or cement, any size. C. G. Taylor,
Kennewick, phone 2774. 27p
FOR SALE—Ten acres, good
buildings, South Highlands,
phone 1742. W27-29c
FOR SALE—A round gatelegged
table and 4 chairs. Phone $244.
FOR SALE—Two bedroom nib?-
ern house, 139 Locust Drive.
Phone 3287. 28-29-301)
HELP US MOVE!
Up to 50% DISCOUNT
on all hoxod stationery in our
Watch for our Grand Opening
at our now location in-Konno
HENDERSON OFFICE SUPPLY
Ron Henderson - Hal Brutzman
Kennewick 4441 Pasco 12220
THE KENNEWICK COURIER - REPORTER
tional Employ the Physically Han
dicapped Week October 6-12.
Mayor J. C. Pratt has issued a
proclamation setting aside this
week for observance by Kenne
wick residents. In his proclama
tion the mayor cited the excellent
record of handicapped persons
during the war while the able
bodied were on the fighting fronts.
Pointing out that many veterans
and war workers acquired some
form of handicap as a result of the
war, USES manager Houston said
it is the obligation of everyone to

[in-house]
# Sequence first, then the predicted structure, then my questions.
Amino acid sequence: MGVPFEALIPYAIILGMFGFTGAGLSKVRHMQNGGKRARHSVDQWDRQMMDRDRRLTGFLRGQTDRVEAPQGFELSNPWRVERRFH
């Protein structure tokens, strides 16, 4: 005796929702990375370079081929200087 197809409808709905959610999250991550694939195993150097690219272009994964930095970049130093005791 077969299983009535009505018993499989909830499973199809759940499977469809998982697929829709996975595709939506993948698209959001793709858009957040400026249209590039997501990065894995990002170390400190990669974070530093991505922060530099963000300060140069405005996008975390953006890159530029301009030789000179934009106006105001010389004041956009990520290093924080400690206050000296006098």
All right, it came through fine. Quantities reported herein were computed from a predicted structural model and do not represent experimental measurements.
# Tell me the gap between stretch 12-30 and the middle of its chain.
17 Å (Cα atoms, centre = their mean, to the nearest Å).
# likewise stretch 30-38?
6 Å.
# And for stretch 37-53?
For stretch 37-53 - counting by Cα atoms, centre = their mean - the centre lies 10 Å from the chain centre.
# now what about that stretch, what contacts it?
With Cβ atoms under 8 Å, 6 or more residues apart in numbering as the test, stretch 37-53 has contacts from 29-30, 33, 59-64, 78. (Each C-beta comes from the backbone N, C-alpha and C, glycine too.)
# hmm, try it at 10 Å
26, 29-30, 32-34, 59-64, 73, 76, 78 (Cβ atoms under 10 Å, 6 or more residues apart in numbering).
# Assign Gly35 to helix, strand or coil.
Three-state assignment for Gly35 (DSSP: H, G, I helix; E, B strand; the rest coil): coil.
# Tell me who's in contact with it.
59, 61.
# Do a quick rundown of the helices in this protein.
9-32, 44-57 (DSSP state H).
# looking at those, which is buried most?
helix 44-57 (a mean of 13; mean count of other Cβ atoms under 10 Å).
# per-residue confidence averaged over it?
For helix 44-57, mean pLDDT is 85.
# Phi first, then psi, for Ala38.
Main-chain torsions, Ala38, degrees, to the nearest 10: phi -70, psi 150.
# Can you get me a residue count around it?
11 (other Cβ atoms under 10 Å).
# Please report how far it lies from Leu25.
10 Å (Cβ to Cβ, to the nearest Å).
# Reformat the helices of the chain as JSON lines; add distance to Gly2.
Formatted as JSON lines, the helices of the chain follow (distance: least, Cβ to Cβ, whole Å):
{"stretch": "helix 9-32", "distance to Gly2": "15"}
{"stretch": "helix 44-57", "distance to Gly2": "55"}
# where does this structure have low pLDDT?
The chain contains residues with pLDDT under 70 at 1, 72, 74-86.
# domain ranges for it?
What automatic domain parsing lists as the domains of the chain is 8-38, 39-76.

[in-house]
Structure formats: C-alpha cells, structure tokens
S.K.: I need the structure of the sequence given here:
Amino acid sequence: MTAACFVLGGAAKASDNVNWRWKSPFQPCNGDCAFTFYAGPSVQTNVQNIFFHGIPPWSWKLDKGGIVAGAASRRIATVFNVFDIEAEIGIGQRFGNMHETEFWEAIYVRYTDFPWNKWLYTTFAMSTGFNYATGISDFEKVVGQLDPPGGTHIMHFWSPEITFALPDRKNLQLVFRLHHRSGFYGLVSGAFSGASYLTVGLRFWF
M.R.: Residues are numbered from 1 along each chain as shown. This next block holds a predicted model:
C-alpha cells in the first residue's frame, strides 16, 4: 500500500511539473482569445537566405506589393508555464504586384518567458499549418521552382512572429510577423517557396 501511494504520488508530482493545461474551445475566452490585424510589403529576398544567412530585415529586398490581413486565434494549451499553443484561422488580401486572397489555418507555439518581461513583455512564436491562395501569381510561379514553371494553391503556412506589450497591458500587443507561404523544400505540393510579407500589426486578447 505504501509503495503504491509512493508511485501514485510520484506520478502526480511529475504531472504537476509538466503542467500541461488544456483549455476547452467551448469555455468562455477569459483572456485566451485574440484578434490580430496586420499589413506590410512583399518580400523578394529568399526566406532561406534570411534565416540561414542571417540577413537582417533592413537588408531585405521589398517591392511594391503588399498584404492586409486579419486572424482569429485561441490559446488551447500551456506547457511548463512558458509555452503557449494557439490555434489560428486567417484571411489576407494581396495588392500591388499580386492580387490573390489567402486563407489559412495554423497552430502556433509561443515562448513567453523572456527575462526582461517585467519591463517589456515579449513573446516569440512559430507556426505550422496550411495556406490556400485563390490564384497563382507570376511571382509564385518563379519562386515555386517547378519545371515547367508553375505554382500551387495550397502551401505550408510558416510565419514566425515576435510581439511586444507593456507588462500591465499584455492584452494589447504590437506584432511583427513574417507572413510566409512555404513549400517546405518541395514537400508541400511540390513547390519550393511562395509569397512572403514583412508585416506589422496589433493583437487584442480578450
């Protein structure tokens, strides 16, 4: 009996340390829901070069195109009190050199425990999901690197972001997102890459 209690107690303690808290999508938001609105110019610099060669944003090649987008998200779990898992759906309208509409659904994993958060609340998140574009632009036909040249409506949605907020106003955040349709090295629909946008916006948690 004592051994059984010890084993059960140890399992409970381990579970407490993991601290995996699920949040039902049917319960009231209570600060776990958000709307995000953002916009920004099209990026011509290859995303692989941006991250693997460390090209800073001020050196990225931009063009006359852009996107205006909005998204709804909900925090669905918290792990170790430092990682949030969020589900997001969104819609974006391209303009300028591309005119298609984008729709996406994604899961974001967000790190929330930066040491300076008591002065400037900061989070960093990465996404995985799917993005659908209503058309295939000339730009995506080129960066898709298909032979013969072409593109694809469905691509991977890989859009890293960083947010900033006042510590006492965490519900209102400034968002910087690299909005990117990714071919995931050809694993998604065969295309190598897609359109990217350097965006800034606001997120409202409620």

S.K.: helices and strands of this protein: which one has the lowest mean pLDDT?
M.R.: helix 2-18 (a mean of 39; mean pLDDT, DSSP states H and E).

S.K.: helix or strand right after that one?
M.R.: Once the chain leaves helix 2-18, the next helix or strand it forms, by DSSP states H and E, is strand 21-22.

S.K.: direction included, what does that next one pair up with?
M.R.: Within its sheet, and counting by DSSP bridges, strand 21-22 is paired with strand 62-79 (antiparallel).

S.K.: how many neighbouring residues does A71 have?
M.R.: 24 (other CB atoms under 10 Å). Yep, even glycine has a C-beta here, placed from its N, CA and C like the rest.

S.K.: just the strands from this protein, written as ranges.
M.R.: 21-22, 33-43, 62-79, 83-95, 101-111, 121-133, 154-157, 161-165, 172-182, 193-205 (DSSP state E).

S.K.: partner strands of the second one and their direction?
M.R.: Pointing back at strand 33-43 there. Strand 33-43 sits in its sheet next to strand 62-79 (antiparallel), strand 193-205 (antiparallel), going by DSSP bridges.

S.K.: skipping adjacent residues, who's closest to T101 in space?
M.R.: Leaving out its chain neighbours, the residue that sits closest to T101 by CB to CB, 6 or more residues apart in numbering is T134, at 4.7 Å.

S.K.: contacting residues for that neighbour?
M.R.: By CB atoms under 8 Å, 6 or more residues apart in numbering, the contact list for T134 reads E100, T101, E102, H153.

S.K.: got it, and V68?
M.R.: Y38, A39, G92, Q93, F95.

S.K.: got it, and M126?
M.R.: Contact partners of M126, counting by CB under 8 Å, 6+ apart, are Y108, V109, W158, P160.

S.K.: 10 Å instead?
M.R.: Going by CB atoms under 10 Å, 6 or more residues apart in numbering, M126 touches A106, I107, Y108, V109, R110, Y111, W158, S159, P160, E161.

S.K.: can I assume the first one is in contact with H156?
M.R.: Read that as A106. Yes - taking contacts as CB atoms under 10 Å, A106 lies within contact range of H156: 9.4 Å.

help handicapped persons to ob
tain employment for which. they
“Few handicapped persons,” he
said, “will accept work which
they are not qualified to perform.
Some ' are qualified for certain
types of work but not aware of
their abilities. . It is the job of the
USES to advise and counsel such
workers, and, when the skill or
ability is found to refer the work
er to an employer who is in need
of the particular skill or ability.
Mr. Houston said that four han
dicapped workers had been referr
ed to jobs in the Kennewick-Pasco
area during the past month. oth
ers are waiting for referral to the
right jobs, he said. Many em
ployers so far have been most co
operative in hiring these workers
but more jobs for the handicapped
are needed to aid applicants at the
USES ofﬁces, Mr. Houston said.
Following is Myor Pratt’s proc
“Whereas, Victory in World War
II cost us more than 2,000,000 cas
“Whereas, there are many mil
lions of handicapped persons in
the United States. many of whom
by their efforts were of great aid
in manufacturing munitions or
providing essential service for the
war effort, and
“Whereas, all of these persons
including disabled veterans of
World War I and II deserve self
supporting, self-respecting jobs in
which they can make useful con
tributions to our communiay. state
“Now, therefore. I. J. C. Pratt,
Mayor of the City of Kennewick,
do set aside the week of October
6th to 12th as Employ the Physi
cally Handicapped Week and I call
upon all local ofﬁcials. all local
employers, all local civic organiza
tions and all ciglizens to assist in
eva'y way possib e, to the end that